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Covey Goes Unsigned; Can’t Blame Anyone

Sometimes, things just don’t work out.  You could call it the motto of the Brewers’ 2010 season, I guess.

Free agent signings haven’t worked out the way the front office had planned.  Prince Fielder and Ryan Braun have gone through prolonged slumps.  And now, the team’s top pick in this year’s draft, Dylan Covey, decided not to sign with the Brewers after discovering he has Type 1 Diabetes.

Monday night brought a lot of emotions and kneejerk reactions when the news started to come out that Covey wasn’t signing.  Were the Brewers being cheap over a few hundred thousand dollars?  Did Covey see the slew of outrageously overslot bonuses being handed out behind him and suddenly want more?  At first we heard it wasn’t about the money, but it’s easy to be skeptical about that when contract negotiations break down.  Whenever someone says it’s not about the money, it actually is about the money 99% of the time.

This was part of that 1%.

Once we found out Covey was recently diagnosed as diabetic, the decision to stay closer to home and keep his commitment to San Diego was understandable.  For a 19-year old kid recently diagnosed with a serious disease, it’s probably not best to be learning how to deal with it while riding around on minor league bus trips.

There’s been a lot of finger pointing this year when it comes to the team’s problems on the field.  It’s Macha’s fault for burning out the bullpen.  It’s Melvin’s fault the rotation wasn’t sufficiently upgraded.  It’s Peterson’s fault every pitcher the team had last year has regressed.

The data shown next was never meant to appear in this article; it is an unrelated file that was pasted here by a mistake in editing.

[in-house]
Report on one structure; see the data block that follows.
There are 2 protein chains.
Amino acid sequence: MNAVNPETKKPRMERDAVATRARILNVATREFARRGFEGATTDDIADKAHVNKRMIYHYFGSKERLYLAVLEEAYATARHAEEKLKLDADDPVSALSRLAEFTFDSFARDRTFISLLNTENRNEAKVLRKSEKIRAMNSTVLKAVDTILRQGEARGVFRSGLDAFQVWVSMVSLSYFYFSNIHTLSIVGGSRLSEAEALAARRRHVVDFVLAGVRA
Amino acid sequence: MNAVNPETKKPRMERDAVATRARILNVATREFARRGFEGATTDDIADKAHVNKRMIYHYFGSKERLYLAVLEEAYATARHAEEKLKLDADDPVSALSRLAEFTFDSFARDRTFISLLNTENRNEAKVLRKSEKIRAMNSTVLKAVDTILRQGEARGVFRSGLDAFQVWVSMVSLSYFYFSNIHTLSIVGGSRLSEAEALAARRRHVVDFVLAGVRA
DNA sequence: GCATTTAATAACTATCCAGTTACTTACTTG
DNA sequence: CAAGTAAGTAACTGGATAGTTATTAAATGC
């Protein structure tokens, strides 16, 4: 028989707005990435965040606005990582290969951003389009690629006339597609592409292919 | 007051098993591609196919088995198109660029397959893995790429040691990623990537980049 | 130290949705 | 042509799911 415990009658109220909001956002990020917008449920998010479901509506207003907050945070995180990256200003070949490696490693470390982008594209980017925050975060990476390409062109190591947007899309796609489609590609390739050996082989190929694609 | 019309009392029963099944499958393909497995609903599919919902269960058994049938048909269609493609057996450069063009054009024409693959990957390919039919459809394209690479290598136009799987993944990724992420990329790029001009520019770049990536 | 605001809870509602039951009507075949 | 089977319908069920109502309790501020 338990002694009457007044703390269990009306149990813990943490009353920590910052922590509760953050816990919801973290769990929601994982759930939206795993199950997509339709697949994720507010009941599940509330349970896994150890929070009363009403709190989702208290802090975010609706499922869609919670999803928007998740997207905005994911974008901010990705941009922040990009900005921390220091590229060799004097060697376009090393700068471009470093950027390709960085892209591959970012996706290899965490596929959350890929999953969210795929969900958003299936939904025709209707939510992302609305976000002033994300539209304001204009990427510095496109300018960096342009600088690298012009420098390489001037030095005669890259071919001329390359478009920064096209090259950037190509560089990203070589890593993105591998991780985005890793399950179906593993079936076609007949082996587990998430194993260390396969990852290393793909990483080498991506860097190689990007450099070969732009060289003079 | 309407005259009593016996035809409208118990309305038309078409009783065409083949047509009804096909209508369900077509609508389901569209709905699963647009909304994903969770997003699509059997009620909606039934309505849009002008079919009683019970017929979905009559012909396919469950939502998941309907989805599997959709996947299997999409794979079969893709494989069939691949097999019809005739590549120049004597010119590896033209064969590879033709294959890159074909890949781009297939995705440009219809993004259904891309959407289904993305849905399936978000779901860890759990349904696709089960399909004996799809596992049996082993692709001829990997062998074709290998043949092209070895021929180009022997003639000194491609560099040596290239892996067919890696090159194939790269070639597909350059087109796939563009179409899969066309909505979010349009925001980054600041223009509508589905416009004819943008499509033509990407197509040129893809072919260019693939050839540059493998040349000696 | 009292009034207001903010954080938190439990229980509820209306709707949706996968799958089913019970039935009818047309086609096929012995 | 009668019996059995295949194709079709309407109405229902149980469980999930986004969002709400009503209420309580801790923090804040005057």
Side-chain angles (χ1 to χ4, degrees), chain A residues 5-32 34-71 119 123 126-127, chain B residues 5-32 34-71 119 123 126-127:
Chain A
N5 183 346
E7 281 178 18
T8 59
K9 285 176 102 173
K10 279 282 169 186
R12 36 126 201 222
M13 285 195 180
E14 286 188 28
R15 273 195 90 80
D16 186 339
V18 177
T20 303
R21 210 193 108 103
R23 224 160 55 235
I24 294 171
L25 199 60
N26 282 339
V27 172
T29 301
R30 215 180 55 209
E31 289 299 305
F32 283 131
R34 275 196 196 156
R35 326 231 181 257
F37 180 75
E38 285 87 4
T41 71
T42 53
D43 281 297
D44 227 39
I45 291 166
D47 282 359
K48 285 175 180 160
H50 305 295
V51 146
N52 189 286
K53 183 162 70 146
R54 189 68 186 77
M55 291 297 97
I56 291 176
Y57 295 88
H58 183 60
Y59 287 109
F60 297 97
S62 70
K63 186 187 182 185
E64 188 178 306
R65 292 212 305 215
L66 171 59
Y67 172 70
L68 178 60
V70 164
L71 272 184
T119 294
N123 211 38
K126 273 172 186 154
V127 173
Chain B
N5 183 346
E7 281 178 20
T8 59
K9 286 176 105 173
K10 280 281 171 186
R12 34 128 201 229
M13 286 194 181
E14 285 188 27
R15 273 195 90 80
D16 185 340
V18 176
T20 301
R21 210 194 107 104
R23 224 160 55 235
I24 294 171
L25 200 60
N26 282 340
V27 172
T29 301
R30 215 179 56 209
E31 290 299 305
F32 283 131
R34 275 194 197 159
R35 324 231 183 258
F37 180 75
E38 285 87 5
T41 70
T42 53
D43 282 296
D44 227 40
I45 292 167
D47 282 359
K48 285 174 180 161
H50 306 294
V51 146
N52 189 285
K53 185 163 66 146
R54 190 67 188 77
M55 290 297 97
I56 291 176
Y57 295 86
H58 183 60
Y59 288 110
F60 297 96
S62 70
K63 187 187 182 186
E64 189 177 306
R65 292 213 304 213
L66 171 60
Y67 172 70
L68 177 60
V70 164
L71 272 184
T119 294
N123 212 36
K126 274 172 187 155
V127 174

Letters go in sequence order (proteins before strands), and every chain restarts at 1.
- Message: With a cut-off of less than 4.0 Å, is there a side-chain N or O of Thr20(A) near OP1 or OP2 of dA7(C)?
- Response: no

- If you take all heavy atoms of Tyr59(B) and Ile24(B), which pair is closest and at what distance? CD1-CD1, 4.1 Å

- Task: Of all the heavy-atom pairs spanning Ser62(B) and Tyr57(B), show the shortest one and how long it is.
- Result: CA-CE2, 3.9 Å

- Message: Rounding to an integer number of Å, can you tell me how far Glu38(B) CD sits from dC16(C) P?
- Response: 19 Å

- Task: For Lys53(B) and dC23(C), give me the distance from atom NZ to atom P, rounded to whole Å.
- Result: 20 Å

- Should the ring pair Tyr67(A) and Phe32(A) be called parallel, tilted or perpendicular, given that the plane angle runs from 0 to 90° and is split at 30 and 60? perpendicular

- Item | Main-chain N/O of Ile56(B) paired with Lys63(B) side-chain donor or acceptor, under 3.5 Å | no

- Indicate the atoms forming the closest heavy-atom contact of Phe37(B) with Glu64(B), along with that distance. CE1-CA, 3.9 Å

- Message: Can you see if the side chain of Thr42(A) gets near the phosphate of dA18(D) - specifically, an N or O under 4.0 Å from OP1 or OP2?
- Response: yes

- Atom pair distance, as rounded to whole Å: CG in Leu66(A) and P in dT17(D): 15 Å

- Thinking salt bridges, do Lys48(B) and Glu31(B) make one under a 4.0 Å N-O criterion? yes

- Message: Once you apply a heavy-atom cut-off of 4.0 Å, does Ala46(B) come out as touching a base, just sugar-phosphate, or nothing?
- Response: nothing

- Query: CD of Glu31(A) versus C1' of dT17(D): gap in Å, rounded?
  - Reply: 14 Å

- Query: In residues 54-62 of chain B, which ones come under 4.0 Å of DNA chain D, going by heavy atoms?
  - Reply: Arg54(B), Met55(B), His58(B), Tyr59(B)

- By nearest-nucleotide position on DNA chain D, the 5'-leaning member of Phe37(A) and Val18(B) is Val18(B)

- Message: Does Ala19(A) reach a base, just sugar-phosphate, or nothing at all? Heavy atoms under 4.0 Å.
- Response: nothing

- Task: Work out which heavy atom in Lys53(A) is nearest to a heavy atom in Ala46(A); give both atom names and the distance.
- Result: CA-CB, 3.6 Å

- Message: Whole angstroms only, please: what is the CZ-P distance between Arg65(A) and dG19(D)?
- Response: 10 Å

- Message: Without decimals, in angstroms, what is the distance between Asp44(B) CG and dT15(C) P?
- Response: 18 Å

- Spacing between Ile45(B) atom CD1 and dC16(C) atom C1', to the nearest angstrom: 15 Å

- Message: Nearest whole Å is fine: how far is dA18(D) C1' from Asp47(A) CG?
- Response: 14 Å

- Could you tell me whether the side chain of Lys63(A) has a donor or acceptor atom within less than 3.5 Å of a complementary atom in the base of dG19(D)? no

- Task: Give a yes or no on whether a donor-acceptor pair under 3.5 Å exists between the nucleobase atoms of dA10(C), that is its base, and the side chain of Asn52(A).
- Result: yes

This wasn’t anyone’s fault.  By all indications, the Brewers didn’t know about this when they drafted him.  When they found out, they could have easily ceased all negotiations, like the Diamondbacks did when Barret Loux failed his physical.  To the organization’s credit, they still wanted to get a deal done.  They wanted to figure out a way to make things comfortable for Covey to sign.  They made every attempt to get their first round pick under contract, but the club couldn’t have done enough to get Covey’s name on the dotted line.

This was a family decision, and one that was made under what must be incredible emotional stress, along with the pressure of the signing deadline.  Does this stink from the Brewers’ perspective?  Sure, it does.  But let’s not forget the fact that Covey is passing up $2 million that he’s not guaranteed to get again the next time he’s draft eligible.

As Bruce Seid said, no one is excited about this, but the silver lining for the Brewers is that they will get the same pick in next year’s draft as compensation, likely giving them two Top 15 picks in what’s being described as a very deep draft class — especially when it comes to pitching.